intriguing shadow to play throughout the unbroken living, dining and kitchen spaces. Continuing through the foyer, my hand trails along the custom rail designed to encase stairs to the lower level. I set my recorder on a gracefully curved custom kitchen island and notice custom cabinets throughout with a matching serving buffet, topping that allimportant extra storage. Before long, my eyes are drawn to majestic Long’s Peak, framed in a window at the perfect height so that meal preparation can combine nourishment for both body and soul. Hmmm, I think I could get used to this… Intrigued, I wanted to learn more about the person behind these thoughtful architectural details. First, the tour. We head to the spacious master suite with an adjoining spa bath. The design of bedroom and bath beautifully accommodates demands of daily living for busy homeowners, featuring a walk-in closet, split vanities, traditional soaking tub and a separate, contemporary tiled shower. Adjacent to the master suite is an extra room that can serve as a study, home office, sewing room or even nursery. A second bedroom on the main floor also has a private bath. Topping the list of conveniences on the main floor are the mud-room and large STYLE 2017

laundry designed to make daily chores and cleaning tasks more manageable. We complete the tour with a visit to a finished basement, which enjoys plenty of natural light flowing through large window wells, perfect for terracing. This level features a third bedroom suite, an expansive entertainment area with built-in wet bar, and an unfinished bonus room, trimmed out with plumbing for maximum flexibility. Once we are comfortably seated in the living room, Foran points out that what I am seeing today is just the design “above the walls.” He adds, “But, below the walls our goal is always to be as efficient and quality-driven as we can be.” Foran insists that every system or product he puts into his homes meet two criteria: they need to bring value to the client and have longevity. “We’re building a home for the long-run.” To achieve his objective, Foran drives every aspect of his business from a deep-rooted vision: The community needs to be better off because a Stonefield home was here. He says, “You want to enter the community and leave the community better than it was when you got here.” That way, he feels comfortable coming back and living there among his clients who have become friends. Which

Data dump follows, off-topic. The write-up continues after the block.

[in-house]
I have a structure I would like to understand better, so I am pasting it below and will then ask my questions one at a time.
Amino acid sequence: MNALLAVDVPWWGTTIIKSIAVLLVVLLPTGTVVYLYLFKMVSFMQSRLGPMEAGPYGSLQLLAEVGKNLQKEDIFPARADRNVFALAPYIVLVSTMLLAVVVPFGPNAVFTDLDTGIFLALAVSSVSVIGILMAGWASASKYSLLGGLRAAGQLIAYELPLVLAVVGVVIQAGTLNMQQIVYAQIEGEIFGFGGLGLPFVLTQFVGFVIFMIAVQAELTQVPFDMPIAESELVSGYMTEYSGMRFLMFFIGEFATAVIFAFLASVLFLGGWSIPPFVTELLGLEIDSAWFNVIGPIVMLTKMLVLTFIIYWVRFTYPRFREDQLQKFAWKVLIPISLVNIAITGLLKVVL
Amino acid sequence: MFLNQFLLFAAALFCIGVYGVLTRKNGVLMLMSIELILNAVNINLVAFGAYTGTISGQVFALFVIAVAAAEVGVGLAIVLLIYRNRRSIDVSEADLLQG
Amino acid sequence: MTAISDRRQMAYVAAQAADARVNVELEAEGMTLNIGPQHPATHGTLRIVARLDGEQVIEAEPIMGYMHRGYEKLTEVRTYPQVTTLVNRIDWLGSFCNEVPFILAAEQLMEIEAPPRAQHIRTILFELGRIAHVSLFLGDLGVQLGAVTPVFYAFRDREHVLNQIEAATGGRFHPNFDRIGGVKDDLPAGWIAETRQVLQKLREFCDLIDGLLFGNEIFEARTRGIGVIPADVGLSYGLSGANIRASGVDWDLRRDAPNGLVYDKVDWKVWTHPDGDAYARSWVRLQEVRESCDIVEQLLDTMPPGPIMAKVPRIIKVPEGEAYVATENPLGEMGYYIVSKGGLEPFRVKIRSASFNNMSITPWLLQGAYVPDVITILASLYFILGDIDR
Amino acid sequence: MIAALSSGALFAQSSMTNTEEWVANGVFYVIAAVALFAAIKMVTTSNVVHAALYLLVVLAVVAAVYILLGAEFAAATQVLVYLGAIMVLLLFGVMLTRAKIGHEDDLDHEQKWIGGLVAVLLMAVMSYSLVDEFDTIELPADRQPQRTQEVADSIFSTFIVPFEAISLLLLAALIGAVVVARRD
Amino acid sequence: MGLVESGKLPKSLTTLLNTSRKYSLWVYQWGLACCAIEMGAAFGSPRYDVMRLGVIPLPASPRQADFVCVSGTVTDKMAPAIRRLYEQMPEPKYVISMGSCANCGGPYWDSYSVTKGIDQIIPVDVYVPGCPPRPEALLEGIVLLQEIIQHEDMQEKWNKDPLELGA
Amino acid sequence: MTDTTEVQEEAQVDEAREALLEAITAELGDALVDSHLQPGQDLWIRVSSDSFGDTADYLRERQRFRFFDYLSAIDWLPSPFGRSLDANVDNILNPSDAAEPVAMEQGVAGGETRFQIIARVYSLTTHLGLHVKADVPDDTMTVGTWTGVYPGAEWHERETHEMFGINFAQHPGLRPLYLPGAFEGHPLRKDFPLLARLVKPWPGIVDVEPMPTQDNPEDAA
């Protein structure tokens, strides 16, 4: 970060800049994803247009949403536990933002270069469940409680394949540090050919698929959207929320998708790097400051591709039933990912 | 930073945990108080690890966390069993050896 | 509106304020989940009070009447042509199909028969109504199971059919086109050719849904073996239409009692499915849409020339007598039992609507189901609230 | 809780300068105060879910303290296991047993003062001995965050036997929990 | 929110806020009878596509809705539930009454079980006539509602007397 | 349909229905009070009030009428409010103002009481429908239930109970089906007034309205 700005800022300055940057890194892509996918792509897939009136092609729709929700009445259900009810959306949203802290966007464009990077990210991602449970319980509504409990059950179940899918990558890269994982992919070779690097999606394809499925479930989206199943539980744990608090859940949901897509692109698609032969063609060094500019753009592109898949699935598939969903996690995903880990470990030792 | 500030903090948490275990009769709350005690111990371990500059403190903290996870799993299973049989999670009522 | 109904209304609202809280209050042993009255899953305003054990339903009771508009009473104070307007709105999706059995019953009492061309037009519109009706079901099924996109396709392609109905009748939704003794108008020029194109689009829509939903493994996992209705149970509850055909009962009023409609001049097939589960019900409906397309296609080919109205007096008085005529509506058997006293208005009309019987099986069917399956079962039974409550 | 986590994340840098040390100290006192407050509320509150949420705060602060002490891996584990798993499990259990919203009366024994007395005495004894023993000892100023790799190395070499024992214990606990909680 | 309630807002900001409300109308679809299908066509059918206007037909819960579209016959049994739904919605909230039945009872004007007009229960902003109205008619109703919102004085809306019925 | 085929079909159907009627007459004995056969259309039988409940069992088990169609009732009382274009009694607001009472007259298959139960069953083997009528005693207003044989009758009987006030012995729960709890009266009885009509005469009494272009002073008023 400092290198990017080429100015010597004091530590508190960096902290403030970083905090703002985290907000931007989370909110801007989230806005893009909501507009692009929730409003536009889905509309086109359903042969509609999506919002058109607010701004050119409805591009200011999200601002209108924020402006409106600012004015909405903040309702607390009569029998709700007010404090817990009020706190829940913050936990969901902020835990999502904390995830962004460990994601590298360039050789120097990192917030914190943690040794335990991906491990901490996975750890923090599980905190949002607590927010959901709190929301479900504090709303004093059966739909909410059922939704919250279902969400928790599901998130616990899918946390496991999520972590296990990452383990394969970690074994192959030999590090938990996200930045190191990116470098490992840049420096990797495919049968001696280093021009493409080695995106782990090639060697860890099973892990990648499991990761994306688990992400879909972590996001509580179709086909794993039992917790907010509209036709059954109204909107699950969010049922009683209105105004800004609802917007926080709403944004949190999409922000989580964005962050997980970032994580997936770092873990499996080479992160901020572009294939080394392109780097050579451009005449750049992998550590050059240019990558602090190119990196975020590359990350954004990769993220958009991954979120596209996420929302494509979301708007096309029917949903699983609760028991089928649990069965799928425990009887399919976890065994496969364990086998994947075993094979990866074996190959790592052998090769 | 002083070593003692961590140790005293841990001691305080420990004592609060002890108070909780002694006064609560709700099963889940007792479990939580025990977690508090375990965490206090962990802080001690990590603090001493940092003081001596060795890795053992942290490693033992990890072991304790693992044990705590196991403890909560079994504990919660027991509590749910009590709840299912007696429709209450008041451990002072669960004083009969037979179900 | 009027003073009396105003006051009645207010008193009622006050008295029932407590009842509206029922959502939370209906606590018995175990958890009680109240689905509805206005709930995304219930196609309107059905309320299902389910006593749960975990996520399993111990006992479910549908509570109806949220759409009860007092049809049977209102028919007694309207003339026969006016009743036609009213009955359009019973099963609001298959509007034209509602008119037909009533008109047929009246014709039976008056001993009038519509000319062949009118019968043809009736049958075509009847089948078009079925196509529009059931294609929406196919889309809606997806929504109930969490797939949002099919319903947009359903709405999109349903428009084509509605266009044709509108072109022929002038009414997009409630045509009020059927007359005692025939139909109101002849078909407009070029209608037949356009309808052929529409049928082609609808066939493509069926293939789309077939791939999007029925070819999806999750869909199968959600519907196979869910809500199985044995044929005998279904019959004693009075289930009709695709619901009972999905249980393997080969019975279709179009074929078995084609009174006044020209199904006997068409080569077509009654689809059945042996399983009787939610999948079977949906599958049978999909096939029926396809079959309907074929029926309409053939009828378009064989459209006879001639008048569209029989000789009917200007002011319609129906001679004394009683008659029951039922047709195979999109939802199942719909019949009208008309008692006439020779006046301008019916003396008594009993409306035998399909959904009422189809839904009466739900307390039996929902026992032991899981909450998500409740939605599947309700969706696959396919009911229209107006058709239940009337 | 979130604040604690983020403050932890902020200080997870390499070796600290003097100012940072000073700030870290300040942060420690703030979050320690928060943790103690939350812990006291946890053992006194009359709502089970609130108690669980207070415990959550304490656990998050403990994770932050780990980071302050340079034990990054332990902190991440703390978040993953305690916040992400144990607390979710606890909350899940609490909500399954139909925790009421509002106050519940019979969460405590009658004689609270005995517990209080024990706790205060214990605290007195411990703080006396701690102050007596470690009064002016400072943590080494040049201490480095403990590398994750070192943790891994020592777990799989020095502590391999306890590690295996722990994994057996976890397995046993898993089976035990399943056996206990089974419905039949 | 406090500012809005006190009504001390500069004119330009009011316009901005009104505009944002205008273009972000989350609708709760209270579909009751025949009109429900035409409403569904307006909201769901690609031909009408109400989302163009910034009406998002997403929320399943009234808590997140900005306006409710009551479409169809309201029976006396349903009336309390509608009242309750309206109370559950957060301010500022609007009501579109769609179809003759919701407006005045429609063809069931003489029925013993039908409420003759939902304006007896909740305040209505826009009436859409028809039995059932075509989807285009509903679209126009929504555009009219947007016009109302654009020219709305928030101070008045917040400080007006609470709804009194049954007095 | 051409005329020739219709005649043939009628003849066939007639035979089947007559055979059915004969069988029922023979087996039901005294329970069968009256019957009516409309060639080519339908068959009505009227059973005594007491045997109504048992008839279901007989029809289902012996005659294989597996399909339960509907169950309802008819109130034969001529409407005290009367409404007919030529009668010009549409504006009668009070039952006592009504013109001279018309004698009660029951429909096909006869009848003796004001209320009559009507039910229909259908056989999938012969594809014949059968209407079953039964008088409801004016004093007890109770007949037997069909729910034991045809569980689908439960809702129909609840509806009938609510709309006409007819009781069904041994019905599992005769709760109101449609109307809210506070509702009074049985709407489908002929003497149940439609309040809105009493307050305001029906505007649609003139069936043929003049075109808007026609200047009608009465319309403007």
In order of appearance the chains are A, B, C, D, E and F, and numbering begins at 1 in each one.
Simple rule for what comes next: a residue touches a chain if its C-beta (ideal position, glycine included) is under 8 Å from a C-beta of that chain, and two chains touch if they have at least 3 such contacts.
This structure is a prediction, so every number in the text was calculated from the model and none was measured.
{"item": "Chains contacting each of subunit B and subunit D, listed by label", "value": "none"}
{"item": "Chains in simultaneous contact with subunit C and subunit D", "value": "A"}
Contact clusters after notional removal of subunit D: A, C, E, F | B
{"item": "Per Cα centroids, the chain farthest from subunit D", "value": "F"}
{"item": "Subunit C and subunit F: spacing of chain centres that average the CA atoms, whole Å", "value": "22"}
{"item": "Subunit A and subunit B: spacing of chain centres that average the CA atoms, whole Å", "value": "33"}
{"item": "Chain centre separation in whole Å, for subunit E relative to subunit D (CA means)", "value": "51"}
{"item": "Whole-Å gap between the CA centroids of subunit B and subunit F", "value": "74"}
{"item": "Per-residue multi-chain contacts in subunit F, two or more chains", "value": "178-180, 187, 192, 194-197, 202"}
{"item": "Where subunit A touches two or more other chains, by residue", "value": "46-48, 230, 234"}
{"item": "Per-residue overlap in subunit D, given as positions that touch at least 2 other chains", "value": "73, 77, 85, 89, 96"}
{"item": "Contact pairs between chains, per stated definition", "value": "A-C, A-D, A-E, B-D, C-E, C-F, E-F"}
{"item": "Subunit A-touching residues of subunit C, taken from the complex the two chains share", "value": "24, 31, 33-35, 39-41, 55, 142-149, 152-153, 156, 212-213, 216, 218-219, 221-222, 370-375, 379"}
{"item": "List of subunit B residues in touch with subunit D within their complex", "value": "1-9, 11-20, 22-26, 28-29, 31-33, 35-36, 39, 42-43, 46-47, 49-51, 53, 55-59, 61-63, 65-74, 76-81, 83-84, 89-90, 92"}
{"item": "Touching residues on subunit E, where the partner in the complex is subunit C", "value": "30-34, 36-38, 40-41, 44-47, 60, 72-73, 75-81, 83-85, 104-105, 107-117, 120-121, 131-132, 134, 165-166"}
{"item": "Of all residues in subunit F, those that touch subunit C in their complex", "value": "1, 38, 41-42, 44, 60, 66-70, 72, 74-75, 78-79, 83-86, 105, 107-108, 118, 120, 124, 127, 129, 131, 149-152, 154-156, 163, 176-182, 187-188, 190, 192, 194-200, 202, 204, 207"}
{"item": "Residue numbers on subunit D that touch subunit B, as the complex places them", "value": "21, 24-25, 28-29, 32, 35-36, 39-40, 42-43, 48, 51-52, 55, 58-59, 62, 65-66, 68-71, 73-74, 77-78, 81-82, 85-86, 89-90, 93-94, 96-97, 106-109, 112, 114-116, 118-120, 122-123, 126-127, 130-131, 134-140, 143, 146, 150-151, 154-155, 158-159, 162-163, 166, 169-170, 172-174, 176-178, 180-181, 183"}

is exactly what he plans now that his three boys are grown and pursuing professional dreams of their own. He and his wife, Sue, are relocating to a Stonefield Home in Harmony Club built to accommodate their new circumstances. Foran sees reflections of his vision from the top down. He feels extremely fortunate to align perfectly with the values and foresight of community developer, Byron Collins. Likewise, he expects alignment from all those he employs. He relies on proven subcontractors, who have worked with him over the years and who understand his high expectations for a Stonefield home. His go-to HVAC guy, his electrician, his drywall crew, his interior designer, even his stonemason enjoy highest praise for their work ethic, responsibility, and willingness to offer constructive ideas to keep Stonefield at the forefront of local builders. But when referring to his Superintendent, Josh Byczkowski, he goes even further. “Words can’t describe what a great guy he is. He’s a young guy with a young family … learning the business. I don’t have a client that doesn’t love him.” Foran, grateful for the generous mentoring he received in his 25 years with Writer is delighting in this opportunity to “pay it


forward.” “One of the things I like most about my job is when I have someone like Josh that I can hand the torch to,” Foran says. Thinking back on one of the first houses he ever built, from staking the lot to the final walk through, Foran reflects, “You get to the end and you go over to the house for whatever reason … you go upstairs and there’s that little four-year-old girl in her room. And the girl says, ‘Thank you for my room.’” He looks up, “There’s not a lot of things you can do that have that kind of satisfaction at the end of it. We get to start with a blank slate and we get to finish with a home.” The satisfaction of seeing a family settled into the comforts of their beautiful Stonefield home is the highest hope for Byczkowski, Long and everyone on their team because, Byczkowski concludes, “That’s when real estate stops being an address and starts having a face.” Elissa J. Tivona is a busy journalist and academic. She has traveled internationally to present her work in peace and conflict studies but is always grateful to return home to beautiful Northern Colorado where she lives, writes, and teaches at CSU. STYLEMEDIA.COM

STYLE 2017





We’ve been warming up fine Fort Collins homes for over ten years.

You won’t find a friendlier, more experienced, more complete fireplace company. For over ten years, we’ve worked with northern Colorado builders and homeowners to create masterpieces in flame. So when you’re ready to add warmth and beauty to your home, we’re right here. And we’re at your service. n In-house custom Design Center n 39 burning displays to let you see the latest trends n Superior service and attention to detail n Excellent builder incentive programs